October 5, 2012 § 6 Comments
They say you can’t miss what you’ve never had, but I miss them. My twin is different. She says they’re like the other dead relatives our family talks about; glorious stories that stretch between melancholy and the otherwise ordinary things they romanticize. The first time we learned about the accident, we were five. In our classroom everyone had parents, a sibling or more, and a pet. One boy had his dog and his mom while my twin and I had our grandparents. Our mom and dad had gone to heaven. It was simple as that until the girl in the last row asked how, and I felt stupid for not knowing. That afternoon we learned they were driving to a gala held in honor of our father’s work when a drunken driver pinned their car to a concrete fence. We were six months old.
To this day, I can’t stand alcohol. But surprisingly, fell in love with a drunk and found myself trying to save him while fighting every instinct that implored me to run. The first day he hit me we cried for hours. Apparently my eyes lingered on some random man on campus. I don’t remember doing so but I must have been spaced out and staring into nothing. I’m known for that. I tried to explain but it fell on deaf ears behind the Grace D. Woodside building where he gave me twenty six lashes. He ‘wasn’t having it; won’t tolerate disrespect.’ Three months later after I pleaded with him to stop drinking, he framed my face with kisses then sank his teeth into my bottom lip until I could taste the blood he drew. It was a warning to never speak out of turn again, to know my place. That time he didn’t cry. He was resolute.
I don’t remember how many times after that I was hit. But the last time, I lost control of my bladder. He was pummeling my face for not being in the mood. It’s amazing that when you’re being beaten, you don’t feel sorry for yourself. There is just a need to prove your love, save for that afternoon. I just wanted to run. So I transferred from that school to a university out of state and vowed to never let a man hit me again.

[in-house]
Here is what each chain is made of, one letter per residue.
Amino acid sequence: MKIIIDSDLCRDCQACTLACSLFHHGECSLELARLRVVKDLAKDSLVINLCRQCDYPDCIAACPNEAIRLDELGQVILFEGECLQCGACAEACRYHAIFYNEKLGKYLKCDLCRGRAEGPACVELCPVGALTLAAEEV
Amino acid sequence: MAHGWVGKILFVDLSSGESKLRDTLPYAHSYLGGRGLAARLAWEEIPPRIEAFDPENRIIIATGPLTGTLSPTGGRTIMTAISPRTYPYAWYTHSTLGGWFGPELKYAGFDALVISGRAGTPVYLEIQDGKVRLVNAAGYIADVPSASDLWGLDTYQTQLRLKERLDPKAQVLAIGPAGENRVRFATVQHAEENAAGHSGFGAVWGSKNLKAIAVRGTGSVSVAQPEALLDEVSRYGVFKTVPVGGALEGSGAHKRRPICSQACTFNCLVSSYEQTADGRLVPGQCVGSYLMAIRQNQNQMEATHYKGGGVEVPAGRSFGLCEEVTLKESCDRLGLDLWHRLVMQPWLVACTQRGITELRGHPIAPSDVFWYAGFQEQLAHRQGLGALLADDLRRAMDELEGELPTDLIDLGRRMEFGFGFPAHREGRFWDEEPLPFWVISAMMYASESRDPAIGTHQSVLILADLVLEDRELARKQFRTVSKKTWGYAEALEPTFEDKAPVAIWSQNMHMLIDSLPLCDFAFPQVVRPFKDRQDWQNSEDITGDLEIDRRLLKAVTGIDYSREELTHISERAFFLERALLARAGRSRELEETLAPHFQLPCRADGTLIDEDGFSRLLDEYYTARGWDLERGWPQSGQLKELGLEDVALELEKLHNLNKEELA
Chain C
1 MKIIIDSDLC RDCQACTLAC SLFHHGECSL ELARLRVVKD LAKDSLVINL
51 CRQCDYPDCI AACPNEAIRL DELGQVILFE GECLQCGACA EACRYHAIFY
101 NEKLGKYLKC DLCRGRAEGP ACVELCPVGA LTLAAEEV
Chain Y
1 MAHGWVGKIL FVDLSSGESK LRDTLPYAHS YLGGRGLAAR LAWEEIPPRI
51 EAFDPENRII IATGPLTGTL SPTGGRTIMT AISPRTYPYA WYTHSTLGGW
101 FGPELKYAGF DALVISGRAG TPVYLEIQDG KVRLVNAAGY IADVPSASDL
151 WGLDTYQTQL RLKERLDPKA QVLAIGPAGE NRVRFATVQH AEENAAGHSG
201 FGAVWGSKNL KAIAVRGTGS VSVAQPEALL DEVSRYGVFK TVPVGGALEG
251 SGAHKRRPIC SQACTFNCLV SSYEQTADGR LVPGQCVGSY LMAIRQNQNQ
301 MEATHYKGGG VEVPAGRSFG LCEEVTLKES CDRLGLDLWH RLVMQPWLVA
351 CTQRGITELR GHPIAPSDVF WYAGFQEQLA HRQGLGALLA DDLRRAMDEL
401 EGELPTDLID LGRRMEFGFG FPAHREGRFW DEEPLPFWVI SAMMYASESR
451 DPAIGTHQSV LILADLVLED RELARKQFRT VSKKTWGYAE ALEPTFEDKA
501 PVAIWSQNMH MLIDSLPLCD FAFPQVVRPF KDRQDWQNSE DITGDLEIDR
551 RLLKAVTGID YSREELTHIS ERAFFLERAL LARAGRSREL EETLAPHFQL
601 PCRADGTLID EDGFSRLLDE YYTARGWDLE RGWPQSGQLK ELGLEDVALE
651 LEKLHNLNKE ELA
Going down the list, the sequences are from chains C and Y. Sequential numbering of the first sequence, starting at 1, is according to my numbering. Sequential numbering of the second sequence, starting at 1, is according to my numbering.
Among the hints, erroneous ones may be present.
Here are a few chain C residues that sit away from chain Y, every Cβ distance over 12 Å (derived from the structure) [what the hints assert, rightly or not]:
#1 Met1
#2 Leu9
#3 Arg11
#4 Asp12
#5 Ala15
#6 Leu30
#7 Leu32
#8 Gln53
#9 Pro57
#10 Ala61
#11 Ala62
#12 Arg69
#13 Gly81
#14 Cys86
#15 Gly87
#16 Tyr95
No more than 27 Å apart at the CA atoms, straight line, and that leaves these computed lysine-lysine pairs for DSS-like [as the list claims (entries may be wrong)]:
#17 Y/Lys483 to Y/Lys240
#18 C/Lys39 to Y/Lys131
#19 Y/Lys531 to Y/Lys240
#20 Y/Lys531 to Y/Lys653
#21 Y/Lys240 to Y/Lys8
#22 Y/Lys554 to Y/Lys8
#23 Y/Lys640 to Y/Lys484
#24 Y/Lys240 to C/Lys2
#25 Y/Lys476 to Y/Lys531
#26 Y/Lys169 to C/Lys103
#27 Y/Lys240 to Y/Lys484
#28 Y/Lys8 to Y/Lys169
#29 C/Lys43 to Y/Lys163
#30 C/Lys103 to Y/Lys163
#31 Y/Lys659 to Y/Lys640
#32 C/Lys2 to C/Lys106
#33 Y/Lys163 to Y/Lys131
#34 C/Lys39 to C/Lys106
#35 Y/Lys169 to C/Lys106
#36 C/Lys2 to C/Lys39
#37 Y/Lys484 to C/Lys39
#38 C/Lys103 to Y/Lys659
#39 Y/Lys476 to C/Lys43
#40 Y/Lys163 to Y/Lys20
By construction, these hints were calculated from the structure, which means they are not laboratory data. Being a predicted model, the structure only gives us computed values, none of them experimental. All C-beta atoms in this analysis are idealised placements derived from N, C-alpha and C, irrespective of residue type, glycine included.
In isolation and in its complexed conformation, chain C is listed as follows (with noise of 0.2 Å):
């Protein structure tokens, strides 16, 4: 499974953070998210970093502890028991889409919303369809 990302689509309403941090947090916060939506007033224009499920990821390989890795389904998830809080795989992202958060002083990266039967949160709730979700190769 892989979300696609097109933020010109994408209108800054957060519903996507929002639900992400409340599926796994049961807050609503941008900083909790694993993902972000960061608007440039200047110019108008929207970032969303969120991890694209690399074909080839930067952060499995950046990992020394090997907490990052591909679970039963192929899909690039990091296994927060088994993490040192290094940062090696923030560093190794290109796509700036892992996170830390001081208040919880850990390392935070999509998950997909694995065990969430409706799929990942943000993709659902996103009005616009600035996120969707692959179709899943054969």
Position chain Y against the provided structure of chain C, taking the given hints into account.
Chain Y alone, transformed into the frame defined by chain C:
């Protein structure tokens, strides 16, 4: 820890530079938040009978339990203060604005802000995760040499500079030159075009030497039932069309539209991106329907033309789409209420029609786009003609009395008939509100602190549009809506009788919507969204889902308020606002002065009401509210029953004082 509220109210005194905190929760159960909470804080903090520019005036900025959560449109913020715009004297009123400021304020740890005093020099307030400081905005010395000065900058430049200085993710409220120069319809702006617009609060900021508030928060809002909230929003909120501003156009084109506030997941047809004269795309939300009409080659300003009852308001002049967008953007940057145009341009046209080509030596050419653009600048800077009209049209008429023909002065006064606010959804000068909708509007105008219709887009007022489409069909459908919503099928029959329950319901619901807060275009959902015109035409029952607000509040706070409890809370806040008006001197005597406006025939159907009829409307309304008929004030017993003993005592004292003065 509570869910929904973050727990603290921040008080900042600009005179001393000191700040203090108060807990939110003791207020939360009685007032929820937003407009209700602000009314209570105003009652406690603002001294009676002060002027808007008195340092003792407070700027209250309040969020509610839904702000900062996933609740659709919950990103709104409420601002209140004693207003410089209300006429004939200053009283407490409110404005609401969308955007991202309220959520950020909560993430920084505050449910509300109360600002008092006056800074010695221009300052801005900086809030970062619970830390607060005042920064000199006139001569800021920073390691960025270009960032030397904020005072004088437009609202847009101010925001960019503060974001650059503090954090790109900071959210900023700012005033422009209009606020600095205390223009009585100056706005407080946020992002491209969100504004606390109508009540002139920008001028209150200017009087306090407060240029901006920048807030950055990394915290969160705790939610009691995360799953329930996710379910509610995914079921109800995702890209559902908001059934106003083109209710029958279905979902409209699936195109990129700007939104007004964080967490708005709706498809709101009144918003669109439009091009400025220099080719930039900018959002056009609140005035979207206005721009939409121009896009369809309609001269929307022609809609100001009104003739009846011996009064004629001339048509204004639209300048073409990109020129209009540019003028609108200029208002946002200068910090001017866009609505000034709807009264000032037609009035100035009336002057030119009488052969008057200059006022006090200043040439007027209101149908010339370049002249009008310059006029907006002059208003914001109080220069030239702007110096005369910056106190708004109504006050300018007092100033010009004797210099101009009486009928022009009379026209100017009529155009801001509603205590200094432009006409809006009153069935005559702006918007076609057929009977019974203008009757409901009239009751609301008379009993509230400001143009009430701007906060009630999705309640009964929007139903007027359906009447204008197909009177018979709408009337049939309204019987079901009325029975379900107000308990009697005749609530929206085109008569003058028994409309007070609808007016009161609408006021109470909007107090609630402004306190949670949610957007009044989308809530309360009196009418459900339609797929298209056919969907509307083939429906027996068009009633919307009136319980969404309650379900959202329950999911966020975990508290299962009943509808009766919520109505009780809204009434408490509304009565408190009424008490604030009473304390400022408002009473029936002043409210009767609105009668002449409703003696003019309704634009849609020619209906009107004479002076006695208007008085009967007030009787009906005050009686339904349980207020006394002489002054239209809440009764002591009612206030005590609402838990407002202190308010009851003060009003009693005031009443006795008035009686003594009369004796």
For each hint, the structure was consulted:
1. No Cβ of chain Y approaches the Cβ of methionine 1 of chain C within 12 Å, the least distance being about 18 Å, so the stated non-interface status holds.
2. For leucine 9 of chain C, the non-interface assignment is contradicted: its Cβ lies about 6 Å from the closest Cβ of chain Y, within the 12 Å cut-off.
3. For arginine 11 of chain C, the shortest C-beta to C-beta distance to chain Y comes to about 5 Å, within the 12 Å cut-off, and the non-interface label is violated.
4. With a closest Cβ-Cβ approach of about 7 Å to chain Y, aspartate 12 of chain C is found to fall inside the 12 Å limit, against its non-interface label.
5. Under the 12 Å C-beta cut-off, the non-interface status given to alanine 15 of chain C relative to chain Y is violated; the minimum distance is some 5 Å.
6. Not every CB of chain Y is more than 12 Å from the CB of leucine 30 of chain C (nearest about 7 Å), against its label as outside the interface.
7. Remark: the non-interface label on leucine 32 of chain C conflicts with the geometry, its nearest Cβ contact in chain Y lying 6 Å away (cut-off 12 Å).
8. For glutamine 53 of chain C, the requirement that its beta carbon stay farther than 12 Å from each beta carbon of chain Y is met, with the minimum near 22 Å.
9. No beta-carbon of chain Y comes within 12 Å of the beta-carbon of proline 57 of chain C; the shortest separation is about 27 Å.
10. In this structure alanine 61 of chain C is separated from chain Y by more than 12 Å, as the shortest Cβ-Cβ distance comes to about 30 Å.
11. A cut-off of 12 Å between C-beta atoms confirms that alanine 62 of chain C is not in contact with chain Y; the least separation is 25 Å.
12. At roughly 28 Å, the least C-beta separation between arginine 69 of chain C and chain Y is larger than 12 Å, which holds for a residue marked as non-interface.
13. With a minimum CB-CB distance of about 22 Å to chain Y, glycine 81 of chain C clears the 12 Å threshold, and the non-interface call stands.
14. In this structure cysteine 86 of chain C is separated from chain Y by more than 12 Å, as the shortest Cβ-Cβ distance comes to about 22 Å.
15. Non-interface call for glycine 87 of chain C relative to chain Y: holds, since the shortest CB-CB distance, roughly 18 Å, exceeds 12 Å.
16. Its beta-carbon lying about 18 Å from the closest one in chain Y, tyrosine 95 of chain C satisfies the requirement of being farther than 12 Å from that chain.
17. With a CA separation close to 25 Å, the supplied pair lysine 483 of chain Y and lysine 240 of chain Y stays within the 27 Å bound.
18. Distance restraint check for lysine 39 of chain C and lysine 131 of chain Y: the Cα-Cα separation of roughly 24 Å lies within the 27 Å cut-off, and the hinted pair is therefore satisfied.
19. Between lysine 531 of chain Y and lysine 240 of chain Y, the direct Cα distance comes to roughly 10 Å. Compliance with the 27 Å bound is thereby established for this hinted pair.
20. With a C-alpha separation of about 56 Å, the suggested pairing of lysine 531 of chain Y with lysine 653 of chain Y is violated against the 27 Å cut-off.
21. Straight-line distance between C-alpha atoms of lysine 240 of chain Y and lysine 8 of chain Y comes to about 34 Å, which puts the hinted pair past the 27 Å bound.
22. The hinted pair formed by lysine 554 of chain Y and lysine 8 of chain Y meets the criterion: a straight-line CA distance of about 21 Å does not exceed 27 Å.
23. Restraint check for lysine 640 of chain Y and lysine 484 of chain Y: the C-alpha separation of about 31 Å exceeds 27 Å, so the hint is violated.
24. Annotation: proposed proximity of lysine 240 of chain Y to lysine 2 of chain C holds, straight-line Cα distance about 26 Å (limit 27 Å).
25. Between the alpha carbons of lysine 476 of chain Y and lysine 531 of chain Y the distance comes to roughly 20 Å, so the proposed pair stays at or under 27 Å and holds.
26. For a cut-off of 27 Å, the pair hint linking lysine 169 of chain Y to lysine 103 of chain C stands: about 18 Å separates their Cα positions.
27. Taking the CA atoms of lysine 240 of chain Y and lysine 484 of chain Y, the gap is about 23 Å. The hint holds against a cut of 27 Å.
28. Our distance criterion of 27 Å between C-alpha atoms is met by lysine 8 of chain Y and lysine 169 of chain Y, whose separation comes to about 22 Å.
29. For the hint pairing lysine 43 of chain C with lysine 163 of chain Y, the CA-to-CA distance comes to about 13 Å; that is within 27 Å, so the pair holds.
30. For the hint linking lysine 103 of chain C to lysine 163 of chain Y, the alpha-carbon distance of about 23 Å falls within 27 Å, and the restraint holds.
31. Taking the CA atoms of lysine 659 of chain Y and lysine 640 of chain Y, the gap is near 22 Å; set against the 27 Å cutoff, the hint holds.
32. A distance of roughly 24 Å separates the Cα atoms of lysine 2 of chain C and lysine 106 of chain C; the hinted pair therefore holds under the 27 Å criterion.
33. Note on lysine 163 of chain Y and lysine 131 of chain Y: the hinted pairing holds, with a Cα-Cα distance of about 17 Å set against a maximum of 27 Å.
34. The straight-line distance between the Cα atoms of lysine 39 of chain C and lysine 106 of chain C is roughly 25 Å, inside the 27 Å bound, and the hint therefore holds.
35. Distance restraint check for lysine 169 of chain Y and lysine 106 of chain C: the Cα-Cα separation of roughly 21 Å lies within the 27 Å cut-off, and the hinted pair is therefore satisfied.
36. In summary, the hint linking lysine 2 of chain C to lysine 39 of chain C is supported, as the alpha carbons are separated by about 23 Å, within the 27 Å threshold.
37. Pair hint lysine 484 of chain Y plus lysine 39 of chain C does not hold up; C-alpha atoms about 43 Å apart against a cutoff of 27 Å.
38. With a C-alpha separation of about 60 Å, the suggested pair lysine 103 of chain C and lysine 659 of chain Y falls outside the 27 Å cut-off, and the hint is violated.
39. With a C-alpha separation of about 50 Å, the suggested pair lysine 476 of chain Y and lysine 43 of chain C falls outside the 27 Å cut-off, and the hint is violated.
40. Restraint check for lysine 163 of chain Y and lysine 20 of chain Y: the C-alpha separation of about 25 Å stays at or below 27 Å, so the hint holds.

The first thing I learned in therapy was that finding the right therapist is like dating and relationships. Not everyone is good for you. She was a well-meaning woman whose tone I found condescending. Although we didn’t connect, she was kind enough to refer me to someone else but by then I’d lost interest in opening my life to scrutiny.
After the spring of my first year as an adjunct, I headed back East to celebrate my twin’s engagement and realized that I missed being home. The following year I moved back and was for the first time content. Then I met him; a considerate soul with an open disposition. I got a glimpse of love and it was beautiful. Then he wanted to be married and I stopped showing up for dates, never apologetic, and said ill things until the relationship had more moments underground than on the rooftop. He left and I had a series of episodes with broken people who saw their reflection in me.
The day my sister got married, I felt I lost my best friend. Despite being over the moon, her happiness brought a tremendous amount of sadness. After the reception, I called every guy that I dated but either their number had changed, they were married, in a relationship, or didn’t remember who I was. How could she and I come from the same place but have such different lives?
By the time we were thirty, she had a two year old and was afraid to leave her with me. I had name for myself in academia but my personal life was spiraling out of control, and secretly ashamed of it but didn’t know how to stop. Until one guy discovered that I was cheating on him, got drunk, and once again I was being beaten to a pulp.
I still didn’t get it right with the second, third, or fourth therapist. But in our first session, Allison gave me permission to mourn their absence and the moments I would never have. Hers were different; covered the mental science with a spiritual aspect. Over time, I learned to forgive myself for being cruel, accepting abuse, and not trusting my inner voice. I asked him for forgiveness and had to forgive myself for not believing I was worthy of his love. I am learning to be accountable, to become the love I seek.
I have a kitchen garden, and a cat, a good career, and a twin, a niece and a brother-in-law. I have a therapist, family, support, and a series of firsts taking me on a journey to the better me.